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Sunday, April 7, 2024

Important Information on Staphylococcal Scalded Skin Syndrome (SSSS)

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There is a skin disease that makes it look like though the individual suffering from it has burns, and it’s aptly called staphylococcal scalded skin syndrome or SSSS for short. The name also makes it obvious which bacterium is responsible for it — staphylococcus, in particular staphylococcus aureus.

Also known by many other names such as Ritter disease, Ritter von Ritterschein disease and staphylococcal epidermal necrosis, SSSS is common in infants and very young children. However, it is very much possible for older kids and adults to suffer from it, too. Below you will find further information on SSSS.



Just like what’s said earlier, SSSS is brought about by the bacterium staphylococcus aureus. Actually, everyone has the said microbe on his or her skin without causing any issue. However, there can be a problem if staphylococcus aureus gets into a break in the skin as it may bring about an infection. By the way, experts say that staphylococcus aureus is the bacterium usually responsible for various ear, eye and throat infections.

In the case of SSSS, staphylococcus aureus does not actually get into a break in the skin. What happens is it releases toxins that cause unfavorable reactions. Individuals whose immune systems are weakened or kidneys are not in optimal shape (the kidneys help flush out those toxins) are at high risk of having SSSS.

Unlike other infections that are quite similar to it, SSSS does not usually affect the mucous membranes.


Signs and Symptoms

The affected areas of the body of a person with SSSS look like they are burned or scalded. In infants, the most commonly affected sites include the diaper area as well as around the umbilical cord. In older children, the area around the eyes, mouth and ears are the most common SSSS infection sites.

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SSSS also tends to spread towards body parts that are usually moved, such as the arms and legs. It also affects areas where there are creases, such as the elbows, underarms and neck.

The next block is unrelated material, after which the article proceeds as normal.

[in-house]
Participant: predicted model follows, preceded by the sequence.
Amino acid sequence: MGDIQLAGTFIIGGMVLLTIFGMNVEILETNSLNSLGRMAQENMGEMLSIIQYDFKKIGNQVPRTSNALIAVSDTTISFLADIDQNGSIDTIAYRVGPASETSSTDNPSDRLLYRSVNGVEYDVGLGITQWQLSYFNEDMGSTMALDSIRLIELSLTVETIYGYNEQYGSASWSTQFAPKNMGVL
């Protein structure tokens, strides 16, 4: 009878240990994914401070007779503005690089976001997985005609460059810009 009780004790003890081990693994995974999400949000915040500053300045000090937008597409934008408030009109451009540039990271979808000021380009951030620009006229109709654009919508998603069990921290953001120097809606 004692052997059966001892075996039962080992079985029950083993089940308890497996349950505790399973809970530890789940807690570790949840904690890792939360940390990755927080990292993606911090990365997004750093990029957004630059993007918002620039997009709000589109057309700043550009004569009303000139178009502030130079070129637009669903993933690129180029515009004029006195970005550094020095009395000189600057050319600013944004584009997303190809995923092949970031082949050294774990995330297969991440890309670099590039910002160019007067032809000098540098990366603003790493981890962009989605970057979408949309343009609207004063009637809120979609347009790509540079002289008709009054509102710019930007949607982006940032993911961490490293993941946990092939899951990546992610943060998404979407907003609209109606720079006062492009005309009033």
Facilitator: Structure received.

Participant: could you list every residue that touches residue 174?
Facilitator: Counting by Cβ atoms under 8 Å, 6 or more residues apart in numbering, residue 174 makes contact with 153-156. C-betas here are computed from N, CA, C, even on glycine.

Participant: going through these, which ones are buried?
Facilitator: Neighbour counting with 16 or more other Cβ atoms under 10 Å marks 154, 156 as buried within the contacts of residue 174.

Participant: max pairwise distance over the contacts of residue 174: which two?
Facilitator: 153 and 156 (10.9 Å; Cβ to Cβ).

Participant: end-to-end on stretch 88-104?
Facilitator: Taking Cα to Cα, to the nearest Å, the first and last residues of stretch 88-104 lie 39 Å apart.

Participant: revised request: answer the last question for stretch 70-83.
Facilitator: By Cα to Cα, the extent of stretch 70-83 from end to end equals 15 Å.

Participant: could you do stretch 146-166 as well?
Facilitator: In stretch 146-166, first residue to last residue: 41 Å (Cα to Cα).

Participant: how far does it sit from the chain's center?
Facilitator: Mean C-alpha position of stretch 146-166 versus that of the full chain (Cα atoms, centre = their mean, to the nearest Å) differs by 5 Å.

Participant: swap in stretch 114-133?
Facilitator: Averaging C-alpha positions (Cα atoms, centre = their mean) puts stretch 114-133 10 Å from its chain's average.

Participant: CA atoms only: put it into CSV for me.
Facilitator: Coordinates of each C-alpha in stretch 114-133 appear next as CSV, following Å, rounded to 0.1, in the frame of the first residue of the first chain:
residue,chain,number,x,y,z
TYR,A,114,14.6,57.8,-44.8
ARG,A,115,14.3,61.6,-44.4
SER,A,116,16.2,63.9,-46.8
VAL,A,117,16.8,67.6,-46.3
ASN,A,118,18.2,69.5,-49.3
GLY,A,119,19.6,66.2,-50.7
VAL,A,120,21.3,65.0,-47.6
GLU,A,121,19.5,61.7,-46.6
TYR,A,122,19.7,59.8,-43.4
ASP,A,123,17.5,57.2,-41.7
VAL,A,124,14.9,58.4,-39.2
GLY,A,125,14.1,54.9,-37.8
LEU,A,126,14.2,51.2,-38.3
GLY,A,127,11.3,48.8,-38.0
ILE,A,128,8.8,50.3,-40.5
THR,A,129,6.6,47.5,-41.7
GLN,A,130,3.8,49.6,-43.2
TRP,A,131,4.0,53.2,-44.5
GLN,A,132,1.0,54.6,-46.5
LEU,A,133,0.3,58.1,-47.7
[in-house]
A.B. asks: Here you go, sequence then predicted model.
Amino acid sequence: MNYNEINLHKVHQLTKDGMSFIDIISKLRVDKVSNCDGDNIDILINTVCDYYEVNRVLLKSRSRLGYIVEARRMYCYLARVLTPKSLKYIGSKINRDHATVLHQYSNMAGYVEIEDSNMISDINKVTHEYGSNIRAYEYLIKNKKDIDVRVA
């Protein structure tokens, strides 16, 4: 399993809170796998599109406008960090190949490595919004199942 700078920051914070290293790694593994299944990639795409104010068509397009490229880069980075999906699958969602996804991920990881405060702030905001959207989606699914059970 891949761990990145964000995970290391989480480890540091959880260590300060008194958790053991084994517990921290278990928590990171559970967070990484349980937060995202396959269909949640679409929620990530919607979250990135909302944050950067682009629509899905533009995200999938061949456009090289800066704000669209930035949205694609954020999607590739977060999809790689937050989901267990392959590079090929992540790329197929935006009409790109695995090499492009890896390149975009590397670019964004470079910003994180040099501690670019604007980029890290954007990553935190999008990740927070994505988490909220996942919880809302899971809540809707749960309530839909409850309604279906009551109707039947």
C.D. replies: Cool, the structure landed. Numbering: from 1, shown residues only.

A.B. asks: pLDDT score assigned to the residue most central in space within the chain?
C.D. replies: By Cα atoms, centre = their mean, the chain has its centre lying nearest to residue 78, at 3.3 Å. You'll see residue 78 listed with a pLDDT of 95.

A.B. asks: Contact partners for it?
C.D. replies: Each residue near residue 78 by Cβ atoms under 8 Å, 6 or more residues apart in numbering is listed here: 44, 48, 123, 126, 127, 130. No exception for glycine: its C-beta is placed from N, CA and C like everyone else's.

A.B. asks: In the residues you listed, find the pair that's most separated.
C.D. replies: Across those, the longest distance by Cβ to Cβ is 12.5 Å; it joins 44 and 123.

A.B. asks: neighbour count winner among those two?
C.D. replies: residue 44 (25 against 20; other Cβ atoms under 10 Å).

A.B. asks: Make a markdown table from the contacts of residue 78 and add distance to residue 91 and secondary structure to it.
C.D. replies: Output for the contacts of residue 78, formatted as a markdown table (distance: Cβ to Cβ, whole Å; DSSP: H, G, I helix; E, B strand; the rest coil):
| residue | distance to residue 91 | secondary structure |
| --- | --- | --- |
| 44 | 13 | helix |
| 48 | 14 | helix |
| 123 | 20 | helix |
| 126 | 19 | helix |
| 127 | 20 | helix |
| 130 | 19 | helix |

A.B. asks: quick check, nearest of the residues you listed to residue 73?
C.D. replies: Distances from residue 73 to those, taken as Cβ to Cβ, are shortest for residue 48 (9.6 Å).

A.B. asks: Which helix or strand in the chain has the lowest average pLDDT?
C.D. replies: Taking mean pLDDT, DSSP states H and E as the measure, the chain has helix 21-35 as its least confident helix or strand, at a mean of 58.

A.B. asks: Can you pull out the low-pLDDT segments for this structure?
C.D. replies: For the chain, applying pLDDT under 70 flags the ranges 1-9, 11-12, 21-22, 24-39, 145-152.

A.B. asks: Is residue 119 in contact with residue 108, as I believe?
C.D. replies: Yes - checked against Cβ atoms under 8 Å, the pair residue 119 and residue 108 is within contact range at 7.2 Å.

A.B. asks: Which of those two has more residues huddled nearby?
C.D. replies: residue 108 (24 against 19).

Initially, SSSS presents itself as fever, which is usually low grade. It’s not unlikely for the affected infant or young kid to be irritable as he or she is not feeling well, or it could be due to dehydration. The skin also tends to look reddish and may be somewhat wrinkled and feel rough to the touch. In just 24 to 48 hours, blisters that are filled with fluid form.

Eventually, the topmost layer of the skin peels off, usually in large sheets. This causes the layer underneath to be visible, which is moist, red and tender.



Hospitalization is usually done as antibiotics for SSSS is commonly administered intravenously. Newborns suffering from SSSS are usually placed in incubators.

There are times, however, when a doctor may replace the antibiotics with orally-taken ones, especially if the patient has responded very well to the initial treatment, and is actually capable of eating and drinking fluids. Other forms of treatment may be provided for the management of accompanying signs and symptoms. For instance, a doctor may give the patient paracetamol to control pain and fever, if present.

At home, petroleum jelly or any other ointment or cream recommended by a doctor may be applied on the affected areas of the body. It’s important to note that even though SSSS looks really unsightly, children usually recover from it very well, and it may take only about a week for the healing to commence after receiving treatment.

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Provided that prompt and appropriate treatment is given, SSSS can be put under control. Otherwise, there are certain complications that may strike. Some of them include pneumonia, cellulitis (inflammation of the skin and subcutaneous tissue) and sepsis (life-threatening infection that has spread to the bloodstream).

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